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There are no absolutes

Discussion in 'Parents of Children with Type 1' started by Sarah Maddie's Mom, Feb 16, 2014.

  1. Sarah Maddie's Mom

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    It's worth remembering that there are no absolutes in managing Type 1. Your meter isn't giving you a perfect reading, your cgm is calibrated off that meter, the carb counts on packaging isn't always correct, and the ripe banana that you've weighed so carefully may have more carbs than the less ripe one you'll weigh tomorrow using the same carb factor.

    It's worth just keeping that in mind lest you drive yourself crazy. We do the best we can with the tools we have - but the tools we have are not perfect.
     
  2. wilf

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    A sage and timely reminder. We were a bit crazy the first few years, until this sunk in.
     
  3. Mish

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    I found it was easier once I just went ahead and went full on crazy, when I stopped trying to fight it. Then the little issues didn't bother me so much anymore. ;)

    Joking aside, we're all coming from different family situations, with different parenting styles, and we're all raising different kids. But the one constant is we're all striving to fit diabetes into the lives we've already established. And while it's true that YDMV, we're all trying to find that balance that lets our children be both happy AND healthy. And we're all trying to do it with imperfect tools, with growing children. If only we had a printout; "today growth hormones will be peaking at 2am, adjust accordingly", but we do the best we can.
     
  4. sszyszkiewicz

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    I went to school to study meteorology, computer science, and business.......I never went to school to be a beta or alpha cell, and I am a poor approximation of one.

    ....and that scares the daylights out of me.

    So I am just trying to do the best I can, one meal at a time.
     
  5. swellman

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    I have a Master's in Chemistry and a second career in Software Development and Programming and I'm used to being in control, which means I'm usually out of my mind most of the time. I will master this ... I will master this. Who am I kidding? Thanks for the reminder. :victorious:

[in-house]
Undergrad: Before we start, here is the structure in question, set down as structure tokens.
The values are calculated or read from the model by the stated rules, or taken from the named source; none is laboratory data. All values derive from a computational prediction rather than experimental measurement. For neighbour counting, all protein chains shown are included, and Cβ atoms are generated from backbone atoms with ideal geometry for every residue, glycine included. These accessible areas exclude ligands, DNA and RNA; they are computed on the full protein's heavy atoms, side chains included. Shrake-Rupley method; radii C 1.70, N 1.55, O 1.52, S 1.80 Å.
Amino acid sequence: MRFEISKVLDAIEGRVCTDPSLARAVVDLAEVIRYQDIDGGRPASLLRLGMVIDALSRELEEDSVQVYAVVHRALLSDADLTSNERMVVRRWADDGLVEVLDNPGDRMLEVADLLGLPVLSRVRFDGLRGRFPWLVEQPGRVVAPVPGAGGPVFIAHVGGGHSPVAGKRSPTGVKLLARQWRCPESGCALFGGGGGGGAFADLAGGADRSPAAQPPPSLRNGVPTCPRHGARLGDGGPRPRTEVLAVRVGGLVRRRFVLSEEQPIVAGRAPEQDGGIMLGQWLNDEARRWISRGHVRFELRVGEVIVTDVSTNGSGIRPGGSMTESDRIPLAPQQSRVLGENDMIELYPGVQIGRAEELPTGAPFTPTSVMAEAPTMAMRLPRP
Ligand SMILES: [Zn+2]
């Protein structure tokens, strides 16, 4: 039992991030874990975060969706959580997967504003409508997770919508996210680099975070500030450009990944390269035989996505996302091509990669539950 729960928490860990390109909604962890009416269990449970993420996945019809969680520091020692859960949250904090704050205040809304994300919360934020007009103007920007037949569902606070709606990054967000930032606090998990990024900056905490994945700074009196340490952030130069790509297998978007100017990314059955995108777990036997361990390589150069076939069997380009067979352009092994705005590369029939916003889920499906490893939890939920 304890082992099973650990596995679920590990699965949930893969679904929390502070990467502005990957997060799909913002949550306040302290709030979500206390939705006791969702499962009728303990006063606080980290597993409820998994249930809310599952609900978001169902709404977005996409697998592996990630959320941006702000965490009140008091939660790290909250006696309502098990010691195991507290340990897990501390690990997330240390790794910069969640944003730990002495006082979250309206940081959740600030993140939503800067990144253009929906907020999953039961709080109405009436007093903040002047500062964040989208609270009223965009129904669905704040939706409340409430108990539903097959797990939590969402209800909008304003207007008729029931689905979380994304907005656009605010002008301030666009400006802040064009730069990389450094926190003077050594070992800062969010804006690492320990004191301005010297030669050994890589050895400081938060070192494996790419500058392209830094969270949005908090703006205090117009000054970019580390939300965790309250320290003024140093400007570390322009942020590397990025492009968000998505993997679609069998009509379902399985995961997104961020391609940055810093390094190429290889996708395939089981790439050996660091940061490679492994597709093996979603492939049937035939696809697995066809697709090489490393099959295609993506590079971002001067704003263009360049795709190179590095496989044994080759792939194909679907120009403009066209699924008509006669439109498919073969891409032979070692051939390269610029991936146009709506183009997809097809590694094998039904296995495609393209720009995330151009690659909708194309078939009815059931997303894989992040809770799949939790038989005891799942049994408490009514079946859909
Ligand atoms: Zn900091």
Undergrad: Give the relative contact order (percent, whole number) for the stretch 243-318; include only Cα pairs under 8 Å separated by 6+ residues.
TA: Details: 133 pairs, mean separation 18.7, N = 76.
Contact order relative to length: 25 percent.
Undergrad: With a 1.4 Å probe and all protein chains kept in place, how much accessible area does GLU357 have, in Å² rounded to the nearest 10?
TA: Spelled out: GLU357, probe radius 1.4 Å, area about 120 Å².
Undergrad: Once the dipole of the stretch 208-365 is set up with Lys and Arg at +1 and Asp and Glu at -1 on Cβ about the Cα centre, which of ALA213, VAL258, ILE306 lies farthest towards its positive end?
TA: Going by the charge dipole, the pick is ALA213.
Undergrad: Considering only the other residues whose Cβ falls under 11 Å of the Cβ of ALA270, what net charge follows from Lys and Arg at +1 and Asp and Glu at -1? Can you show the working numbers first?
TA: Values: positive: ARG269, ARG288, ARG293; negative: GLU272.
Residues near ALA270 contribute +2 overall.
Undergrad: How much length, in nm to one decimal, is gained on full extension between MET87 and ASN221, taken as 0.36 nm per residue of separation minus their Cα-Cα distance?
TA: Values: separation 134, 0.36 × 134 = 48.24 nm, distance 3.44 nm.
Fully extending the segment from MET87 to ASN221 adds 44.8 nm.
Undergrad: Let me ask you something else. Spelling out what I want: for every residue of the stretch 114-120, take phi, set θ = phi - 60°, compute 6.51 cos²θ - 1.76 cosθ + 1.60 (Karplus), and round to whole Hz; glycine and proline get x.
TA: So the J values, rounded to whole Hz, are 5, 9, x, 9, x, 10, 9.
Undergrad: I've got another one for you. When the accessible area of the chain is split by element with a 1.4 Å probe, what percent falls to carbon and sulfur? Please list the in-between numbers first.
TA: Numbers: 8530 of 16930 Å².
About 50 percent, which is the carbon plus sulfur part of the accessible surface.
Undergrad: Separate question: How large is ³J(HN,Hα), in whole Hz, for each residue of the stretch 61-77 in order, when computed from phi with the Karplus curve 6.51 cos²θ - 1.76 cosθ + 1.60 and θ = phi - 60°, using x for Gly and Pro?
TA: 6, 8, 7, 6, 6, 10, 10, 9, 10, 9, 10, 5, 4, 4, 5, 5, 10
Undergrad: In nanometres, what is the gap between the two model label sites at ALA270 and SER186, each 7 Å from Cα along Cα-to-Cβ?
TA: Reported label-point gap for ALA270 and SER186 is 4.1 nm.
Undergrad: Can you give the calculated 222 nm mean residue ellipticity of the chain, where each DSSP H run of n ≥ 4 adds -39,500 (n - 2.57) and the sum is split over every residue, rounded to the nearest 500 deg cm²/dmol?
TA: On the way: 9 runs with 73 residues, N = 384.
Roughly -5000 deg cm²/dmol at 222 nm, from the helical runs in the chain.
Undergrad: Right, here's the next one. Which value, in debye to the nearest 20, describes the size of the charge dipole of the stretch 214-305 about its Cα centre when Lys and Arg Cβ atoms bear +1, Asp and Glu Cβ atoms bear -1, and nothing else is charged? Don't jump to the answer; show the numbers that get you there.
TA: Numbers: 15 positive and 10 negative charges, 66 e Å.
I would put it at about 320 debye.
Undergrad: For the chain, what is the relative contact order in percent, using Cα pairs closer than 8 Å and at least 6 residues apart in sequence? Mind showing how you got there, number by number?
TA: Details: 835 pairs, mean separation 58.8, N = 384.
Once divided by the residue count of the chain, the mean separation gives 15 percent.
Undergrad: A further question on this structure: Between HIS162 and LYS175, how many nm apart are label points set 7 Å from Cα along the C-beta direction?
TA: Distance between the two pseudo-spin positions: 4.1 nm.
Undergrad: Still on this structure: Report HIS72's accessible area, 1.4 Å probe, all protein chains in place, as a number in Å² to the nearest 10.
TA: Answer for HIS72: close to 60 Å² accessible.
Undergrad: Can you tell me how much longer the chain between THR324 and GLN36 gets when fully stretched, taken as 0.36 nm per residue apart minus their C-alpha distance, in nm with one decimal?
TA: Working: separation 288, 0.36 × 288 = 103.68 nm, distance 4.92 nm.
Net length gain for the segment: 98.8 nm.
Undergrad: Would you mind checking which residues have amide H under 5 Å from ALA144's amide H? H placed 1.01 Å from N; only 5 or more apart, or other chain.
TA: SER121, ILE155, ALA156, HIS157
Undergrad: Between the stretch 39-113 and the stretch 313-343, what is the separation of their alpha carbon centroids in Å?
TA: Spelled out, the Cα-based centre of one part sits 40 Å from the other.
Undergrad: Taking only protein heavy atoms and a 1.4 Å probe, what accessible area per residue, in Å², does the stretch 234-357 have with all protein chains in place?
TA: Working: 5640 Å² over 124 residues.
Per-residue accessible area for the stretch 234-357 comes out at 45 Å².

6. Beach bum

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    And really, this is the reality of things. We just need to do the best we feel we can. Our best so that we don't go crazy, our best so we don't drive our kids crazy. Like all things in life, we aren't always our best, but tomorrow is a new day. We learn from our mistakes and move on.
     
  7. Sarah Maddie's Mom

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    When I first appreciated the meter accuracy +/- 20% I was floored. Here I was believing that this bg of 167 was "true" and that exactly .5u would fix it in X # of minutes, or conversely that her low of 57 needed exactly y# of carbs and in so many minutes she's be 90... Oy, I roll my eyes at myself.

    Not only do we not really know what we think we "know", then there's all that metabolic, hormonal stuff that we can't even begin to quantify.

    I really feel for newly dx'd families and the certainty of the treatment plan that is dished out at the hospital.
     
  8. MomofSweetOne

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    And on those rare occasions we get an absolutely beautiful graph for a day - no hormone swings - no missed boluses - or forgetting to eat - or wonky BG readings - or....then the pump tubing malfunctions and pulls out in the night, once again reminding us to not shoot for two week's of "ideal" before the endo visit. (What happened to the eyeroll emoticon? That I even entertained the notion of walking in with such deserves one!!)
     
  9. shannong